Monday, 12 October 2015

Alberobello

I was fascinated by Alberobello and its history.
I hope that you find it as interesting...Following where I left off on my last writing...

Giannamtonio Donato, 1483-1554, was a good administrator he had twelve children.
Giangirolamo I, 1521-1592, wasone of the heroes of the Battle of Lepanto which marked the end of the Moslem navy.
Adriano, 1560-1607, the second son of Giangirolamo, Duke of his native Noci and Lord of Castellana. He authorized the building of Casedde in the Selva.
Giulio II, 1576-1616, was a good administrator . He built the first votive chapel. He married Caterina, eldest daughter of Belisario, Duke of Nardo.
Giagirolamo II, 1600-1665, the notorious Squinter of Puglia.
Cosmo di Noci, 1627-1665, the handsome double of the Squinter. He was killed in a dual by Petracone, Duke of Martina Franca.
Giangirolamo III,1646-1681 lover of fine literature. He married Aurora Sanseverino.
Giulio III, 1648-1691, with licentious delicacy instituted a series of Jus, ((laws)), amongst which the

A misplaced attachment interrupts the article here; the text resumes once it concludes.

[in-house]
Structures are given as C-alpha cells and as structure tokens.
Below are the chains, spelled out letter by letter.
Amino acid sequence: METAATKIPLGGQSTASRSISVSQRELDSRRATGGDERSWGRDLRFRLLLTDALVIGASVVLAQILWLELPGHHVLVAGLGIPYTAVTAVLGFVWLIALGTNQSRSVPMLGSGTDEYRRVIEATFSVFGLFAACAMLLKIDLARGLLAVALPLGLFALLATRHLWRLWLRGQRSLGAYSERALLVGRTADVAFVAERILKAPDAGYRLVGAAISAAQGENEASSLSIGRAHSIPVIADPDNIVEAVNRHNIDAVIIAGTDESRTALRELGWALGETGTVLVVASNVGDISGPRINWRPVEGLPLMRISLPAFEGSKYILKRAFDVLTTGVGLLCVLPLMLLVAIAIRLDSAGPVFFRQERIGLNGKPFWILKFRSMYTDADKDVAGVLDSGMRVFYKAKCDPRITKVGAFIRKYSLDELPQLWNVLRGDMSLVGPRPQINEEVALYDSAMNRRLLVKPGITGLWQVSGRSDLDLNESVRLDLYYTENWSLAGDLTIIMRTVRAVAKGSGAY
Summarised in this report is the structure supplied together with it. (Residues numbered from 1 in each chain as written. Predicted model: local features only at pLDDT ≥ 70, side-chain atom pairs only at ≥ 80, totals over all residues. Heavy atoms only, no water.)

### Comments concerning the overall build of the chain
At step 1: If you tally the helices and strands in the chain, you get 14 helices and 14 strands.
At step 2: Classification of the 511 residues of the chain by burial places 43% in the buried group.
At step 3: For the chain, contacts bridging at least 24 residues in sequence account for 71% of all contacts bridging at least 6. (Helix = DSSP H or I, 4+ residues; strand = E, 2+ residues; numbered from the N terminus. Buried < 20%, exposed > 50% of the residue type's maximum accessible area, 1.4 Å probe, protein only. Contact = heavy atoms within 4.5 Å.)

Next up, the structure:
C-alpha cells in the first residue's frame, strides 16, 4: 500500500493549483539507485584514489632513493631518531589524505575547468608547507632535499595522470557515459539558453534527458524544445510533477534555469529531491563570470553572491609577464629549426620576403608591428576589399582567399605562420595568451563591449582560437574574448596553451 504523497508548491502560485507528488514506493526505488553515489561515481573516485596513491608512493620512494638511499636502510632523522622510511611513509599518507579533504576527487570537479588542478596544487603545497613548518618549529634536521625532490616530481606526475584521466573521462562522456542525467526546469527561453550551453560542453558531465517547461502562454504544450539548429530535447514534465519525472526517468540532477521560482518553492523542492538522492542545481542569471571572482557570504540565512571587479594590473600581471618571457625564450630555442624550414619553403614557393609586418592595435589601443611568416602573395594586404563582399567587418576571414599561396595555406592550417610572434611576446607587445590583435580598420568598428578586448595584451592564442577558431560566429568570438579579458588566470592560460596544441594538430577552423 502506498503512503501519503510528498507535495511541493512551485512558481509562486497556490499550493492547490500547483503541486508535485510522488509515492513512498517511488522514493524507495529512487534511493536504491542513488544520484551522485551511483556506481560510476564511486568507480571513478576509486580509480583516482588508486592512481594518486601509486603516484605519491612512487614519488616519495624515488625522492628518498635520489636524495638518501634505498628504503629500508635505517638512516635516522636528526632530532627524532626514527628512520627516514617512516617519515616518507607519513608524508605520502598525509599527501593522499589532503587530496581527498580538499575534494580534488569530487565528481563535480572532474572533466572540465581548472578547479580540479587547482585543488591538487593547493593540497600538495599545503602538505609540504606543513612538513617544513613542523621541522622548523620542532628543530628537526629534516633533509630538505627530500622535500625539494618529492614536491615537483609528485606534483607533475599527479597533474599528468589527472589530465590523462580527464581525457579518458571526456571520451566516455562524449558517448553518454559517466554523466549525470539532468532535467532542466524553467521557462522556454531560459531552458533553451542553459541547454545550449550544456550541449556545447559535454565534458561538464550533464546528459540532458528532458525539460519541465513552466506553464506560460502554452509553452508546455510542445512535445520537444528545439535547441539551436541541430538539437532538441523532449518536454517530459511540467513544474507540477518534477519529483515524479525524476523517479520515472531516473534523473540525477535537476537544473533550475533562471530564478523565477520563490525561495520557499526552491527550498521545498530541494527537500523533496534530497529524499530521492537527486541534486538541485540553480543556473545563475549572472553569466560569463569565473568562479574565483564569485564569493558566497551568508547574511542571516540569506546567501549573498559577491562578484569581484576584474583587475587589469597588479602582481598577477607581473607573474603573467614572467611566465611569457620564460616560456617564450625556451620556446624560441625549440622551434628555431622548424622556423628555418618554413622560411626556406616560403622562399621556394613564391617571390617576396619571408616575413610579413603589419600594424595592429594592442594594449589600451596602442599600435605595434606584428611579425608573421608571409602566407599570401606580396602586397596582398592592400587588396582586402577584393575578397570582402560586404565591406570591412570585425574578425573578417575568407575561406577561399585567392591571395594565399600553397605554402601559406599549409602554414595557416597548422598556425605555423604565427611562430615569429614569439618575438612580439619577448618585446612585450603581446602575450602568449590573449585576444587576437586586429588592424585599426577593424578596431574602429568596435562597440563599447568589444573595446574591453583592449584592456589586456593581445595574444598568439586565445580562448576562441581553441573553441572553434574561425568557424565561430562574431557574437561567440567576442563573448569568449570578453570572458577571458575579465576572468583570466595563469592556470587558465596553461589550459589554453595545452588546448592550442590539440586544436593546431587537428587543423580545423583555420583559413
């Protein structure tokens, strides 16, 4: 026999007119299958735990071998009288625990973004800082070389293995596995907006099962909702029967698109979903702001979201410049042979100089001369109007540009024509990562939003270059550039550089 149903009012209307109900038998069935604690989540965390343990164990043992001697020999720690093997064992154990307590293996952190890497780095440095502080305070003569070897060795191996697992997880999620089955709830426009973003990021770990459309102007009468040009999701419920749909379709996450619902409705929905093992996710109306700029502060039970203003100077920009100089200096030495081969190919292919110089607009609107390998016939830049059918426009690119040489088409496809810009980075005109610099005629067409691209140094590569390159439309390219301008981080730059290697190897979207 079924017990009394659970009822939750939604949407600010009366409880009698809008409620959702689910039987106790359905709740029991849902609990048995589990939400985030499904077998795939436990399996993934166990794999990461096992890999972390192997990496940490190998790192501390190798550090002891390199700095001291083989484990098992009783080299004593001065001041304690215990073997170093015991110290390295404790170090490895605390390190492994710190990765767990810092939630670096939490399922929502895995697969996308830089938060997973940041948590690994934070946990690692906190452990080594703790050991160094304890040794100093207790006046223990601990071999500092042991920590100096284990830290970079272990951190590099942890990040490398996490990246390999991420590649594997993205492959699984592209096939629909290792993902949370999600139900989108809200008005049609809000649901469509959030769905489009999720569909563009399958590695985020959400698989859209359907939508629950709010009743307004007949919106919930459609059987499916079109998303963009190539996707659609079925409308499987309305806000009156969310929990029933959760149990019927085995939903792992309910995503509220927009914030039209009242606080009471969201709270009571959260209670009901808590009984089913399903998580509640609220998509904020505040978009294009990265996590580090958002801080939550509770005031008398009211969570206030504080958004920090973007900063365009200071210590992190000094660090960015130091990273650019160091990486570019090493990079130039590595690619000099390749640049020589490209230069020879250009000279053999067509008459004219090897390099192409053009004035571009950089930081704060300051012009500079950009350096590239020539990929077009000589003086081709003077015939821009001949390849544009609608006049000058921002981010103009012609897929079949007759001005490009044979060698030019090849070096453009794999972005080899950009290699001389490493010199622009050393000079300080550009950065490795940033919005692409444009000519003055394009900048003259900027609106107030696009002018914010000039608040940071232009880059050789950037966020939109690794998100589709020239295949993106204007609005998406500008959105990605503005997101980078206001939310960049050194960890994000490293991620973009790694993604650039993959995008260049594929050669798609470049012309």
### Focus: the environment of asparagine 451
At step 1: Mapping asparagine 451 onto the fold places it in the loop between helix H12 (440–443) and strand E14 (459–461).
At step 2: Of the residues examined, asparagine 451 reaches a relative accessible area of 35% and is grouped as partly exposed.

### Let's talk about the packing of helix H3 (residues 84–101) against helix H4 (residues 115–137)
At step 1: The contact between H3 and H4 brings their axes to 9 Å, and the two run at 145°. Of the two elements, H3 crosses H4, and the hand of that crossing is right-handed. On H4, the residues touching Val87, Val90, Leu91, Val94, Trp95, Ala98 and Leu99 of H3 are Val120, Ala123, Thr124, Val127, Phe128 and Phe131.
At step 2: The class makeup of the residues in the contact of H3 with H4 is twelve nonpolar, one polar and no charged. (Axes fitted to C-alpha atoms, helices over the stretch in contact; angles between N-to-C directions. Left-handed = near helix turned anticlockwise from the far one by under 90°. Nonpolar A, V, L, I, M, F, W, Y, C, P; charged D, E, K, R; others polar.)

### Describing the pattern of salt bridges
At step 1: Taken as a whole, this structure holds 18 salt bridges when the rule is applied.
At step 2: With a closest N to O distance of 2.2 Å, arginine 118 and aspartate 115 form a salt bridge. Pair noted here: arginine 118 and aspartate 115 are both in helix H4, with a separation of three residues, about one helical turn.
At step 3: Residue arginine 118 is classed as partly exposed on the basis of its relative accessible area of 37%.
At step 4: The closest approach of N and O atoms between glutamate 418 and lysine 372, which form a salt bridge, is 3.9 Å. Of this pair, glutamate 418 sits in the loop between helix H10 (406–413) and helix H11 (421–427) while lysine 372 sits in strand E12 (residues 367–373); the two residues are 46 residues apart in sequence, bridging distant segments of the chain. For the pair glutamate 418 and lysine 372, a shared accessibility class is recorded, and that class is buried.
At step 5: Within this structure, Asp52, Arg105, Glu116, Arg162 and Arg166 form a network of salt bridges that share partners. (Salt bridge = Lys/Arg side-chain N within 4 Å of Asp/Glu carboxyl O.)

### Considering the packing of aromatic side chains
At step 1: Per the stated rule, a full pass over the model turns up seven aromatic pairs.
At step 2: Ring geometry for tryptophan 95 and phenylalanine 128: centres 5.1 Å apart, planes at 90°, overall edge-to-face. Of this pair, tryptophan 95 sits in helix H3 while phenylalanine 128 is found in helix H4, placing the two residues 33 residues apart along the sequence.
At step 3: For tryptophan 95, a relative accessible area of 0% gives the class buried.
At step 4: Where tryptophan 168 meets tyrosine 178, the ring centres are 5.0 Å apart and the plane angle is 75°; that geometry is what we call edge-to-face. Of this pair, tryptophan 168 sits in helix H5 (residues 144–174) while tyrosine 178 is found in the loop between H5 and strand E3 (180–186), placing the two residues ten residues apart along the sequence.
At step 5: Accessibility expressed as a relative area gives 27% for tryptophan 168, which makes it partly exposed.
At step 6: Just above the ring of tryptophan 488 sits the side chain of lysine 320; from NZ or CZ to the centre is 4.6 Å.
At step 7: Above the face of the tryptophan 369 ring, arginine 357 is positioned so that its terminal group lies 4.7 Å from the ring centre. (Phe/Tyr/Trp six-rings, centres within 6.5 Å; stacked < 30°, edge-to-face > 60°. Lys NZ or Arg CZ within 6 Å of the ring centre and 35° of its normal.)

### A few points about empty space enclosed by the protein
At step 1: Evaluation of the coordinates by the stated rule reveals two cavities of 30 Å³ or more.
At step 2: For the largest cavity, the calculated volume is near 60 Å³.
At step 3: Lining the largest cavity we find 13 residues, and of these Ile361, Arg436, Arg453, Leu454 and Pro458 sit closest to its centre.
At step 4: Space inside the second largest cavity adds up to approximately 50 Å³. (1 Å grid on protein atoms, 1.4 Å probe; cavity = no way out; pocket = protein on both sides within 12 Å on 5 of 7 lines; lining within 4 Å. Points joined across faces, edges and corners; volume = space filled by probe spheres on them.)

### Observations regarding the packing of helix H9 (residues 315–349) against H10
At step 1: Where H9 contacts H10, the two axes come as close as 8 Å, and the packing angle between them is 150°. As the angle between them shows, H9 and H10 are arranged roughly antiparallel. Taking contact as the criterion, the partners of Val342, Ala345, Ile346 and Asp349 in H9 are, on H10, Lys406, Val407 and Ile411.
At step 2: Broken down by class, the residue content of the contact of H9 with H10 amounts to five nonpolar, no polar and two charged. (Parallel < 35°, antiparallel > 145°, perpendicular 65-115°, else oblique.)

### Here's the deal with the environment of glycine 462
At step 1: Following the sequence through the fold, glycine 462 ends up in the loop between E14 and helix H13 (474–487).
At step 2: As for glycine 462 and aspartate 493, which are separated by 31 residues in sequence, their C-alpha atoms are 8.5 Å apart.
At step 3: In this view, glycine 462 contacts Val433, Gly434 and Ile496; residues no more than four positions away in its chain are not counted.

iniquitous  Jus primae noctis ((right to the bridal night)).
Giulio IV, 1691- 1746, was born after the death of his father, and ruled wisely.
Giangirolamo IV, 1724-1773, was a kindly man. He was named the Vicario Generale in the Bari territory and he worked towards the elimination of the conflicts between the Caracciolo, Dukes of Martina Franca and the Aquaviva Counts.
Giulioantonio V, 1742-1801, was the last feudal lord. He was educated to a very high level and married his cousin, Teresa Spinlli. He retired to Conversano to await the reorganization of feudalism.
He died in Naples, leaving five children. The eldest son was given the title, Count of Conversano and Duke of Atri. Although popular opinion tends to pass on the grimmer aspects of history, it is as well to remember that the Illustrious family produced valiant warriors who fought in defence of the Christian Faith, as well as nine cardinals, artists, poets, writers and legislators, and that it is because of the Aquaviva family that the marine towns of southern Italy were defended and kept safe from Saracen and Turkish oppression and raids. One of the first documents of the Selva goes back to 1100, the year in which Roberto Decerano made a donation to the Bishop of Monopoli. In official documents, the Selva is mentioned for the first time in an Act of 1272 when the adjacent boundaries of the Prince of Taranto, which granted the privilege of grazing to the inhabitants of Castellana..


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